Welcome to this introductory series on Elasticsearch and Amazon Elasticsearch Service (Amazon ES). In this and future blog posts, we provide the basic information that you need to get started with Elasticsearch on AWS.
How many shards?
Elasticsearch can take in large amounts of data, split it into smaller units, called shards, and distribute those shards across a dynamically changing set of instances. When you create an Elasticsearch index, you set the shard count for that index. Because you can’t change the shard count of an existing index, you have to make the decision on shard count before sending your first document. To begin, set the shard count based on your calculated index size, using 30 GB as a target size for each shard.
Number of Shards = Index Size / 30GB
To learn how to calculate your index size, see the blog post Get Started with Amazon Elasticsearch Service: How Many Data Instances Do I Need?
As you send data and queries to the cluster, continuously evaluate the resource usage and adjust the shard count based on the performance of the cluster.
What is a shard?
A search engine has two jobs: Create an index from a set of documents, and search that index to compute the best, matching documents. If your index is small enough, a single data structure on a single machine can easily store that index. For larger document sets, in cases where a single machine is not large enough to hold the index, or in cases where a single machine can’t compute your search results, the index is split into pieces. These pieces are called shards in Elasticsearch. Each document is routed to a shard that is calculated, by default, by using a hash of that document’s ID.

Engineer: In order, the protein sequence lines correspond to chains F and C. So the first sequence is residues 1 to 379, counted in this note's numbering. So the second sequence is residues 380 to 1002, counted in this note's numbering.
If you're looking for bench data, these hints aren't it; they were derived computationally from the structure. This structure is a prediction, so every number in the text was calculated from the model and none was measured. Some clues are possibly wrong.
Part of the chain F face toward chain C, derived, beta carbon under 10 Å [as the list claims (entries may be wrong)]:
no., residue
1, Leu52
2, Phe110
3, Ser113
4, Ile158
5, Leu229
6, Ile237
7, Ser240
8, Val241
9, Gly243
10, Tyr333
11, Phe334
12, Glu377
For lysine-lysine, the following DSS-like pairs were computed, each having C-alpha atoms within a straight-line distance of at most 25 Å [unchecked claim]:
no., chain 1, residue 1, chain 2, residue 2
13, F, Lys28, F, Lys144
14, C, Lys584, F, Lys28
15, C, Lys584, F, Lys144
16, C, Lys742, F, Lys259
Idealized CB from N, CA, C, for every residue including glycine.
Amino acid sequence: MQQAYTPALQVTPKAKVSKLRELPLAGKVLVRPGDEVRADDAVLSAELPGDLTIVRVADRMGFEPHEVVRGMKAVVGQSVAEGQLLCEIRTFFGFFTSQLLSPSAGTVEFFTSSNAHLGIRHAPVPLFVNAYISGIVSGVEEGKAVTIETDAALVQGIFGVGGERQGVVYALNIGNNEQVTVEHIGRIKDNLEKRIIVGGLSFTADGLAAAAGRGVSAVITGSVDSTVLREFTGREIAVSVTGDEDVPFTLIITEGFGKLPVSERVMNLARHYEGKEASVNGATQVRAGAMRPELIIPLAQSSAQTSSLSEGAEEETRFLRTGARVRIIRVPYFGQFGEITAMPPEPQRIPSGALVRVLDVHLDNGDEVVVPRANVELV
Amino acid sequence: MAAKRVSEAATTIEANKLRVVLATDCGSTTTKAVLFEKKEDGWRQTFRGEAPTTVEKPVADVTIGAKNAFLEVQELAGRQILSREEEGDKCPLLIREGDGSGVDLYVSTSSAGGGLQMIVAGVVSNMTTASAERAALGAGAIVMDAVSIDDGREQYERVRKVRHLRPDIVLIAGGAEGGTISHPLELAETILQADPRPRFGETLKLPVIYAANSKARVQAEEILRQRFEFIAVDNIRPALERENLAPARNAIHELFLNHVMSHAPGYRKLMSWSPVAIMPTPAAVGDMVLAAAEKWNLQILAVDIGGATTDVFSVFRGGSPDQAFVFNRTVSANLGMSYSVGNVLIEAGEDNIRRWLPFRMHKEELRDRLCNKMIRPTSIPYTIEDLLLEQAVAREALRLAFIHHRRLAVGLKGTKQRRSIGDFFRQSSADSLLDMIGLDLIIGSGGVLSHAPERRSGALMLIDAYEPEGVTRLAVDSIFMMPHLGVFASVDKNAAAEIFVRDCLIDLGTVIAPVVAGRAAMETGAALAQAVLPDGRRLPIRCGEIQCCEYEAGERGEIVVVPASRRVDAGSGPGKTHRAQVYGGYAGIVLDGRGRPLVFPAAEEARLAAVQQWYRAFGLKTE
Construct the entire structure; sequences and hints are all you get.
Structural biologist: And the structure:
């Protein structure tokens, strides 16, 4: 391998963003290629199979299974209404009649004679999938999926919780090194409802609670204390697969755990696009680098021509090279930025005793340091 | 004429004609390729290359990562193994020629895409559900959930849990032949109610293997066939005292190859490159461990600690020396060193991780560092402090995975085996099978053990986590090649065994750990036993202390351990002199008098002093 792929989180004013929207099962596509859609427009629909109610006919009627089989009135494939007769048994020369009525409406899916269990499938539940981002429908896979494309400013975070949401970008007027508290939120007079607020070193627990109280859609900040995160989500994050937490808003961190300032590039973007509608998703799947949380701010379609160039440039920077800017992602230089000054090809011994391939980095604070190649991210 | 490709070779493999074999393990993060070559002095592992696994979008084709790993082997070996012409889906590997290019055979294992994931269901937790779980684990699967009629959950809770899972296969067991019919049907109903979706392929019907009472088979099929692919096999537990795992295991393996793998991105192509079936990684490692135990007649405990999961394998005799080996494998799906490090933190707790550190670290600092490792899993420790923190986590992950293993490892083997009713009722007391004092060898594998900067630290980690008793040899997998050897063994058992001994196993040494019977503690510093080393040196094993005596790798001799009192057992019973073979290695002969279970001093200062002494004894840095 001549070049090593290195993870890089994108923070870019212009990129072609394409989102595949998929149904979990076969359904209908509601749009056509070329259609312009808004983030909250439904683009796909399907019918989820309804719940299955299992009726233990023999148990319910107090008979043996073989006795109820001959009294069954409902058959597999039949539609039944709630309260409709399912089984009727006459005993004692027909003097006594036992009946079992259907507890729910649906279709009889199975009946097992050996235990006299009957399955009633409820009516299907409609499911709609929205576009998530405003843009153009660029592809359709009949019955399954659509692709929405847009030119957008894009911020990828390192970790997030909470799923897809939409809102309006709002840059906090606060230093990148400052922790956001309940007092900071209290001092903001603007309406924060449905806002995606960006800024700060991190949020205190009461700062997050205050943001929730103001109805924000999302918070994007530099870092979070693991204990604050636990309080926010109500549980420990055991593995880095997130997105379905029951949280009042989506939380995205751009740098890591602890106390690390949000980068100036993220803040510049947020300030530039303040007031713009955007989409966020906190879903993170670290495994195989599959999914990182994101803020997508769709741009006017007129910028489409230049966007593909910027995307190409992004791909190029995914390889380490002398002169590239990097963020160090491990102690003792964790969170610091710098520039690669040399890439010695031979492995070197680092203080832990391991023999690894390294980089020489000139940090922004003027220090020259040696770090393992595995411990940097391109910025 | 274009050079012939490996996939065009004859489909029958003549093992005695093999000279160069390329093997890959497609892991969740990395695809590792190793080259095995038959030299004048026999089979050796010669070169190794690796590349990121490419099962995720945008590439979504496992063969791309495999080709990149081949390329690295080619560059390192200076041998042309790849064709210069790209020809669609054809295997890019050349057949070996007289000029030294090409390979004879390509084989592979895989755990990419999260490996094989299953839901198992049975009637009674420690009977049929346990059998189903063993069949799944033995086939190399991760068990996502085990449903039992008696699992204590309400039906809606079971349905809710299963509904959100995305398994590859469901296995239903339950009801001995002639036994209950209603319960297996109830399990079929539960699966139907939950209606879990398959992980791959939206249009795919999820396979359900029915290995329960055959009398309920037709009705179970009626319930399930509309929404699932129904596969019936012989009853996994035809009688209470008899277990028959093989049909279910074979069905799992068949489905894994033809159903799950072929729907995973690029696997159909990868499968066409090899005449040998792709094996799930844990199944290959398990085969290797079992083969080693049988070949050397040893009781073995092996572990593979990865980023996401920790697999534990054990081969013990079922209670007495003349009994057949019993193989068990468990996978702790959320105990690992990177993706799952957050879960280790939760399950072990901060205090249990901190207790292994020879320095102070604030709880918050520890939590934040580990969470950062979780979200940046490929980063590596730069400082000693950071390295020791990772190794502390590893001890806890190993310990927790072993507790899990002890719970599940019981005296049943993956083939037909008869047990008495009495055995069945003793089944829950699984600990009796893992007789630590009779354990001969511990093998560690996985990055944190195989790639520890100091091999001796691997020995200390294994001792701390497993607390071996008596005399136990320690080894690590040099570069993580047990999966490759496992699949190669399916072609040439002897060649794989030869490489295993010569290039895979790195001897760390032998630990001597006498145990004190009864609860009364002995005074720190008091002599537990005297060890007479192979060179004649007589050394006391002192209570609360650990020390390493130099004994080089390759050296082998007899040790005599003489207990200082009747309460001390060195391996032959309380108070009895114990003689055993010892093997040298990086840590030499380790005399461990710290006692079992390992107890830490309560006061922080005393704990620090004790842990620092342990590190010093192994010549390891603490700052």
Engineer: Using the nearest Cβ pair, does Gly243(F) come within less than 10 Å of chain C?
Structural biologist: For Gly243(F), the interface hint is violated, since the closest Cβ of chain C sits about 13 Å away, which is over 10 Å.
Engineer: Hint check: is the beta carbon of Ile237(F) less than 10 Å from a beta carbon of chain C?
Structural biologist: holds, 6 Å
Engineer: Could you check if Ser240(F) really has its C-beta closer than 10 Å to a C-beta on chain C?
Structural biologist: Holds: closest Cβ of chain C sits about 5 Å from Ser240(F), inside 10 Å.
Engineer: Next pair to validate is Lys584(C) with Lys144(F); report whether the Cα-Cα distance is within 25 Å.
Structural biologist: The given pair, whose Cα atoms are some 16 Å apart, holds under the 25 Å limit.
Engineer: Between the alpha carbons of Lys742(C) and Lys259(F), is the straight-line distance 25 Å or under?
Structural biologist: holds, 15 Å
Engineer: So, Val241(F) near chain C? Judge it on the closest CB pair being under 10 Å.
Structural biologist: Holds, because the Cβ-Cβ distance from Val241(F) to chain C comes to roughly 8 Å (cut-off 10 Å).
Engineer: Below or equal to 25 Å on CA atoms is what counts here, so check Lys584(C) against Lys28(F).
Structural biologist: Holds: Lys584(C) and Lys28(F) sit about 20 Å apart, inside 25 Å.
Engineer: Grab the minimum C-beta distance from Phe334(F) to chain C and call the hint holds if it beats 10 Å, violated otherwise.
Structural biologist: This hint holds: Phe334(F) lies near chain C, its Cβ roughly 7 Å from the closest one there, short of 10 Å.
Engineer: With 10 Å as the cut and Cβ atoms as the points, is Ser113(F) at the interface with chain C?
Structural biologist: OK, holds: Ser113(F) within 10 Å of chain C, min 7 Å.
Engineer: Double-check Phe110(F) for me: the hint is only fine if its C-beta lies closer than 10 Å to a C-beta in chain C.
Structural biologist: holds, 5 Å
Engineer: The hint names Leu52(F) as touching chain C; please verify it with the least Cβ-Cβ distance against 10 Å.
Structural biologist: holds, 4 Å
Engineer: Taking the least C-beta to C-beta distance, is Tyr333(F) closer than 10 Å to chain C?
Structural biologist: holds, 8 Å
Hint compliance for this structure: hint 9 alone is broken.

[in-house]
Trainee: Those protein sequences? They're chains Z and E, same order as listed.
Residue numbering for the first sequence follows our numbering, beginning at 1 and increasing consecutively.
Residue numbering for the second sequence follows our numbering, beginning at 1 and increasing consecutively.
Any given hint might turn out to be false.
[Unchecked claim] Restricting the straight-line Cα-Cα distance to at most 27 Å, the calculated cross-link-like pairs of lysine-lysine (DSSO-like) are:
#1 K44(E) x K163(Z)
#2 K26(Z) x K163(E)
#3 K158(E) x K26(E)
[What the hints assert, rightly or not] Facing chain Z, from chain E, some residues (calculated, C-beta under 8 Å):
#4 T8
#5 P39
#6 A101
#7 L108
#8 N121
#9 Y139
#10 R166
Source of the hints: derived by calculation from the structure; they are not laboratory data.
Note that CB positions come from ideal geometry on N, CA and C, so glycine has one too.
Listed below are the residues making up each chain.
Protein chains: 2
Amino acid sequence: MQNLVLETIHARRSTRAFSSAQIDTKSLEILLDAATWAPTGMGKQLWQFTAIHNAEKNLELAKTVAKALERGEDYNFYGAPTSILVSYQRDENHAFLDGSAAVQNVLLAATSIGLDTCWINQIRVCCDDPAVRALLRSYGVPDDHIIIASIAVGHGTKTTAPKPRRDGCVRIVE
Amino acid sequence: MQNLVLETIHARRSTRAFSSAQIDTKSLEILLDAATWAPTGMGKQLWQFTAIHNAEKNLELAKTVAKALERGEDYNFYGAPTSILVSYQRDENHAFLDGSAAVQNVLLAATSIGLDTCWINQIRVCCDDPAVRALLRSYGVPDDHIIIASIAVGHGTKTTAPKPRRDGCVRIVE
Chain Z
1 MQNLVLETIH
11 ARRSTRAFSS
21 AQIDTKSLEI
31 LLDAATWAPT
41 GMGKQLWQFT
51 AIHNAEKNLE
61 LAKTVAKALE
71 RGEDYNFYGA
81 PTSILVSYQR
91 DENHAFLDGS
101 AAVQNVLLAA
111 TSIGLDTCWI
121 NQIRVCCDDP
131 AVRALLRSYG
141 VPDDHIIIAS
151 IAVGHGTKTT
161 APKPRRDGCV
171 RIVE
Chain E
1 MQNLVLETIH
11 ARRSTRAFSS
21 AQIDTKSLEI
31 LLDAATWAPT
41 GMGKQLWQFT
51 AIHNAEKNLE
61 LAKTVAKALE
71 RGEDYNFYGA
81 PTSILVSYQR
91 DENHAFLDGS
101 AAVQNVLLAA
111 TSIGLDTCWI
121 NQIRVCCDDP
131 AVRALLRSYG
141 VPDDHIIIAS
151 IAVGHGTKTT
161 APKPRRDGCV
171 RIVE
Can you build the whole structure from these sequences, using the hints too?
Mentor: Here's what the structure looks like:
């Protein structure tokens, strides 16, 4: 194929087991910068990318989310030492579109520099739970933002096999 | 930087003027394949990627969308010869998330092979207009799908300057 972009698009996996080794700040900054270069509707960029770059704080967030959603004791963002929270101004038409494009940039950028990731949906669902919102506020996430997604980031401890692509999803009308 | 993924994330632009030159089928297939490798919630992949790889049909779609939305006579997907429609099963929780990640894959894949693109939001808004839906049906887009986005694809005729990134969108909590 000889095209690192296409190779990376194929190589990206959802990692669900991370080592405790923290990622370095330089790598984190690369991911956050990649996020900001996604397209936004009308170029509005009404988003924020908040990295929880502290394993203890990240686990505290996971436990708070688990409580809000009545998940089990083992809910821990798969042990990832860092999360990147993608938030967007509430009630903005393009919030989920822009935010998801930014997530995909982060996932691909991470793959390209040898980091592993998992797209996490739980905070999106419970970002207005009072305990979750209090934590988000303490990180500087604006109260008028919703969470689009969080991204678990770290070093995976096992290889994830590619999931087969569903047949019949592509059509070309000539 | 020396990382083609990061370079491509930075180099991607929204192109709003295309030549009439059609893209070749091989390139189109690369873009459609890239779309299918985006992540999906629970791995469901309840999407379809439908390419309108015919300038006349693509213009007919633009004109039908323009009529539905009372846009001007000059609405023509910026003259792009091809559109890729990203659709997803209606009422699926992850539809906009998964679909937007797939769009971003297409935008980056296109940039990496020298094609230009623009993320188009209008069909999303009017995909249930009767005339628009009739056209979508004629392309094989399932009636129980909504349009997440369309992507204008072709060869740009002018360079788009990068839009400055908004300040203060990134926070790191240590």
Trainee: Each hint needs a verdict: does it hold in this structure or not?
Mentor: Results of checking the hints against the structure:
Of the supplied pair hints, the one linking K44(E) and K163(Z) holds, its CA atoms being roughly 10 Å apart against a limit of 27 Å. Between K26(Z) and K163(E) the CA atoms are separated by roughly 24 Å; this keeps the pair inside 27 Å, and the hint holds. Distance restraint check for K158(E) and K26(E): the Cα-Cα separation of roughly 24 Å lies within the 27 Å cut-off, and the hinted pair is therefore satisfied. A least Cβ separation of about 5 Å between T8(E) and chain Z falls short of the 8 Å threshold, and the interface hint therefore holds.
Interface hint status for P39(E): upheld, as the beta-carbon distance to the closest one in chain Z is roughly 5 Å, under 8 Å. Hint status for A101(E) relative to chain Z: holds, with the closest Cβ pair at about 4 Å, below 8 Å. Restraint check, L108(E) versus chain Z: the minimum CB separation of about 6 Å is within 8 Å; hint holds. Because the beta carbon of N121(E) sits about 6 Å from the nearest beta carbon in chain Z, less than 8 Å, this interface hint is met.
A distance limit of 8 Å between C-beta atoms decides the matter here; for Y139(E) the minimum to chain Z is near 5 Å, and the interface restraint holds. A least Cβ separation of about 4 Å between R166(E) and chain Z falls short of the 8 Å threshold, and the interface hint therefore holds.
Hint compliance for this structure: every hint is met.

A shard is both a unit of storage and a unit of computation. Elasticsearch deploys shards independently to the instances in the cluster to parallelize the storage and processing for the index. And it does this elastically (hence the “elastic” in the name “Elasticsearch”). If you add more instances to a cluster, Amazon Elasticsearch Service automatically rebalances the shards of the cluster, moving them between instances.
As storage, shards are distinct from one another. The document set in one shard doesn’t overlap the document set in any other shard. This approach makes shards independent for storage.
As computational units, shards are also distinct from one another. Each shard is an instance of an Apache Lucene index that computes results on the documents it holds. Because all of the shards comprise the index, they must function together to process each query and update request for that index. To process a query, Elasticsearch routes the query to all shards in the index. Each shard computes its response locally and then these responses are aggregated for the final response. To process a write request (a document addition or an update to an existing document), Elasticsearch routes the request to the appropriate shard.